• PFC needed for:DecideUnderstandMemorizeInhibit (Braking System)RecallLimited Conscious resources, PFC is like your RAM…need ENERGY to do all of this!To understand this limitation, think of your PFC as the size of 1 cubic meter vs your nonconscious as the milky way!Conscious resources are much smaller than unconscious resources…this has dramatic implications on how we workPUT THIS TEXT IN THE ICEBERG PICTUREContents of our Conscious mind at any one moment= rational mind=where we do our mental work= psychologists call it our working memoryWorking memory is required for understanding a new idea, for making a decision, forWorking memory is what we hold in mind, the contents of our conscious mindIf you compare what we can hold in our rational mind, conscious working memory vs subconscious, is a comparison of a cubic meter and the entire milky way. An extraordinary differenceWe are dramatically more non-conscious than consciousBOOKS:Thinking Fast and SlowThe Believing BrainLots of books on mistakesWe have so many cognitive biases (around 50 of them!)…we don’t operate on conscious memory.Video: Hollow HeadWe don’t operate on conscious processes very much.Our conscious is very small and our non-conscious is dramatically bigger!We use a tiny little resource, the PFCWhat does that mean to you in terms of how you work the rest of your day?Ie How can I tap into the non-conscious?How to speed up or make it more efficient?1+12+38+712+4759+32Simple math, 2 2-digit numbers, why did it take longer? Was this more complicated than what you do at work everyday?No, as soon as we go to anything that requires PFC to be used, we see the resistance of the brain to spend that energy…You see how quickly the brain resists to use this limited energy intensive resourceThe brain itself represents 2-4% body massAmount of energy it takes to operate is about 20%Think about that in terms of your appliances…any appliance that contributes to 1/5 of your daily energy bill…what would you do?We have limited resources for decision making and impulse control (braking system)…and if you use it once, you diminish your energy source and it makes it difficult to repeat it again…Ex, used your self-control to…then were faced with a scrumptious all-you can eat buffet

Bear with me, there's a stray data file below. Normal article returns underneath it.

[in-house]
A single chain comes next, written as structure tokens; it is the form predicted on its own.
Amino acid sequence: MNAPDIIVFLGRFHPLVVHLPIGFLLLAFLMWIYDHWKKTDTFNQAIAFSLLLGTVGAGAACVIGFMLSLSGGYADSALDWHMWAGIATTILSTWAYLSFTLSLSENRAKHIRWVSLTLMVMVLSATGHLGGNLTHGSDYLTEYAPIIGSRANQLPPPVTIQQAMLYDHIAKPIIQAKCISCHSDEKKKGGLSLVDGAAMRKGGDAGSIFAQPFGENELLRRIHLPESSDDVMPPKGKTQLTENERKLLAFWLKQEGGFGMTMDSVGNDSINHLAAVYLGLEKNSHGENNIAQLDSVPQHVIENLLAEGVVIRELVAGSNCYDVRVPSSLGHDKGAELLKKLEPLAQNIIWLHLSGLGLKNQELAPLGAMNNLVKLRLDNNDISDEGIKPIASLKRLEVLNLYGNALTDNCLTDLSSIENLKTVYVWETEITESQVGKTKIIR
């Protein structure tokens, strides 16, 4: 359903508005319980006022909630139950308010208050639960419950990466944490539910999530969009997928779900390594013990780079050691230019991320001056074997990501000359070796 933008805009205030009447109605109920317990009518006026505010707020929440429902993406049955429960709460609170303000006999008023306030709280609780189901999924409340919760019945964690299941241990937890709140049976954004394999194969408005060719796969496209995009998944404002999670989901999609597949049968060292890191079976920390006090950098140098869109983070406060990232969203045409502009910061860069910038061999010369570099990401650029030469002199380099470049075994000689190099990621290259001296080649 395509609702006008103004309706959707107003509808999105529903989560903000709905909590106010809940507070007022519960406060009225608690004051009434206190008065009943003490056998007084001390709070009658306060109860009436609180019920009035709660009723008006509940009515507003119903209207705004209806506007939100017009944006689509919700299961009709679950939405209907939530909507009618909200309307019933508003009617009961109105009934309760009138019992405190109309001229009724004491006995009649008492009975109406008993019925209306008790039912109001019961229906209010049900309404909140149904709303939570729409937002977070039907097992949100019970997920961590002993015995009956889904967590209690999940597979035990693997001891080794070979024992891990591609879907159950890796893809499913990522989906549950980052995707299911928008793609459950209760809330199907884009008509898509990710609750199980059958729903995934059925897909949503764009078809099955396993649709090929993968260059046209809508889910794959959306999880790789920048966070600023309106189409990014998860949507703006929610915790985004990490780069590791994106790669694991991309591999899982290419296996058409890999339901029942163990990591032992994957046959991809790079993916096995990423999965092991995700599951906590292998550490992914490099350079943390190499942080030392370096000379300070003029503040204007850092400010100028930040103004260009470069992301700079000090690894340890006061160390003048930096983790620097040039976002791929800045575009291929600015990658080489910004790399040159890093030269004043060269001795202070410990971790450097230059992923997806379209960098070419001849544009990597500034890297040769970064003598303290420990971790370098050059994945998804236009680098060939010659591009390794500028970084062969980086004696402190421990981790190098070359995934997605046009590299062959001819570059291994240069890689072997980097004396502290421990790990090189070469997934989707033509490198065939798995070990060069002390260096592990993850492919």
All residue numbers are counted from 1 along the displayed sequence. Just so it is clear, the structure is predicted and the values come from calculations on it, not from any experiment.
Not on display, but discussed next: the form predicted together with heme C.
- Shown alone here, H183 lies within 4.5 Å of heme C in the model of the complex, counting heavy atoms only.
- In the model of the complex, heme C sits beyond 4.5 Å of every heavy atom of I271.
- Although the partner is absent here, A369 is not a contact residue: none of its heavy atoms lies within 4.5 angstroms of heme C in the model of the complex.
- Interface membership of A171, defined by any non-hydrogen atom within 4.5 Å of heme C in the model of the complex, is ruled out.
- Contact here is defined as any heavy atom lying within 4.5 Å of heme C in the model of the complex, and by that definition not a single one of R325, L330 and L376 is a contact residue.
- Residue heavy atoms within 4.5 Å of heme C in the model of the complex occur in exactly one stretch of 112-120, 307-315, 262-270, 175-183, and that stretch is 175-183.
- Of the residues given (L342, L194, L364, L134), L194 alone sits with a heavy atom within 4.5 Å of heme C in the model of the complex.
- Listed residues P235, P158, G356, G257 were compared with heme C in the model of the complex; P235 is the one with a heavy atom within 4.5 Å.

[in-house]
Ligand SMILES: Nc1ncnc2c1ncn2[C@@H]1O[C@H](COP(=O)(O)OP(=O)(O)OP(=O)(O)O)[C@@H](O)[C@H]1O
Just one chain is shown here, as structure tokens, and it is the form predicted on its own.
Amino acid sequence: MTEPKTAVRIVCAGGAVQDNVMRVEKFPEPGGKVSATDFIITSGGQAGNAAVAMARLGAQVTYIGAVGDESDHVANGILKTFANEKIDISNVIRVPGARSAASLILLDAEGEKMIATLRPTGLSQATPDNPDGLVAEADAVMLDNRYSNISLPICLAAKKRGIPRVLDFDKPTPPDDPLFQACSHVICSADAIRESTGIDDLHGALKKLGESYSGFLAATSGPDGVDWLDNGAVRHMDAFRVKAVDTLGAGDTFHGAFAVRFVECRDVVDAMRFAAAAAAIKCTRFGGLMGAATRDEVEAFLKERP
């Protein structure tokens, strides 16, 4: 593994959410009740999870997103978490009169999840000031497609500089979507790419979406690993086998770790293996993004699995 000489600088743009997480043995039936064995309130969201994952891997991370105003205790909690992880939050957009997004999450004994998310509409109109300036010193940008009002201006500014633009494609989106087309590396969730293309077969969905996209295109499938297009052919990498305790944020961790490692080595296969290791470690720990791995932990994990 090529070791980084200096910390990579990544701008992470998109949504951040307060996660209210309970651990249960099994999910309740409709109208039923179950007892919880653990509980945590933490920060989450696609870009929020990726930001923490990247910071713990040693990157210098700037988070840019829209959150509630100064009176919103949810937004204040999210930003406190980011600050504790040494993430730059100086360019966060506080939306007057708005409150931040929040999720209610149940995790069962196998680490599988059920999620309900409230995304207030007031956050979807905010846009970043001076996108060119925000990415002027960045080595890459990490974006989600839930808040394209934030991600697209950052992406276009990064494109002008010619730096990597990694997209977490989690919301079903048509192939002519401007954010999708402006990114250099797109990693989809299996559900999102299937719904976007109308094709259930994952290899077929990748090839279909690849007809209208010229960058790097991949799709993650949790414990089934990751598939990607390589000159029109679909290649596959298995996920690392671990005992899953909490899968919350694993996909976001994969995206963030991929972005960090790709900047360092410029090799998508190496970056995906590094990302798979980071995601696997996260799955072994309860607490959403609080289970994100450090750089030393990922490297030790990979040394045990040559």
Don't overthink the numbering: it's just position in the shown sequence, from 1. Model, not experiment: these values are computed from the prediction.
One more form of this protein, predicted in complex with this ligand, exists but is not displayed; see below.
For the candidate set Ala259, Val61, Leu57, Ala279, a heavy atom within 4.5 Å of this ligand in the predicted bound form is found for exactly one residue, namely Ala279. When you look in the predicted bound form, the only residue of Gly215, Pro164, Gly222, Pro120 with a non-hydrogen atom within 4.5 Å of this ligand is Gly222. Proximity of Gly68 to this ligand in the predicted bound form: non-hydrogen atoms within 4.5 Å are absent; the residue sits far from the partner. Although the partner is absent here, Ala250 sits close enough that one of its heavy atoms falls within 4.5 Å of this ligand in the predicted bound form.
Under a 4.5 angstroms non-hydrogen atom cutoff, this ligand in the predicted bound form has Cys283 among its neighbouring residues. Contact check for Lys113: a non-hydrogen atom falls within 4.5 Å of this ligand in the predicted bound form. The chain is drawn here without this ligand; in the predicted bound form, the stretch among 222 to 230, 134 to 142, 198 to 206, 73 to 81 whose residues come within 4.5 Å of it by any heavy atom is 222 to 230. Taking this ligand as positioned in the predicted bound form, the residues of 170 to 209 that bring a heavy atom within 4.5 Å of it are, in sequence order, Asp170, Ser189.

• PFC is important for focused attention, it is positioned at the very front of the brain, an area esp developed in humans, and fully developed by your 20'sAffects the ability to orchestrate our thoughts and actions towards achieving our goals.Attention is limited, important for encoding of info, need to consider it when designing training programs:1. it is picky, requires just the right amount of arousal to function properly2. requires a lot of energy to function, and can become exhausted, like a muscle limited resourceLevel of ArousalLevel of ProcessingSelf-referenceDivided Attention
  • Hand brain model
  • It’s true after all: use it or lose itEveryone knows what a fit body looks like, but fit brains,which don’t boast rippled muscles or six-packs, aretougher to distinguish. Brain fitness is a state of mind inwhich we are performing well cognitively and emotionally.When we’re cognitively fit, we’re maintaining our mentaledge, staying sharp, aging successfully. Brain fitness is notonly the absence of disease, either Alzheimer’s or other typesof dementia; it is also the preservation of emotional and cognitivewell-being throughout our working years and beyond.
  • Study of 6,000 employees, 10% said at work! 39% at home!51% at cafes, where they shouldn’t really be thinking, they are doing their best thinking!Respect your attentionWhen asked about when? 59% said first thing in the morning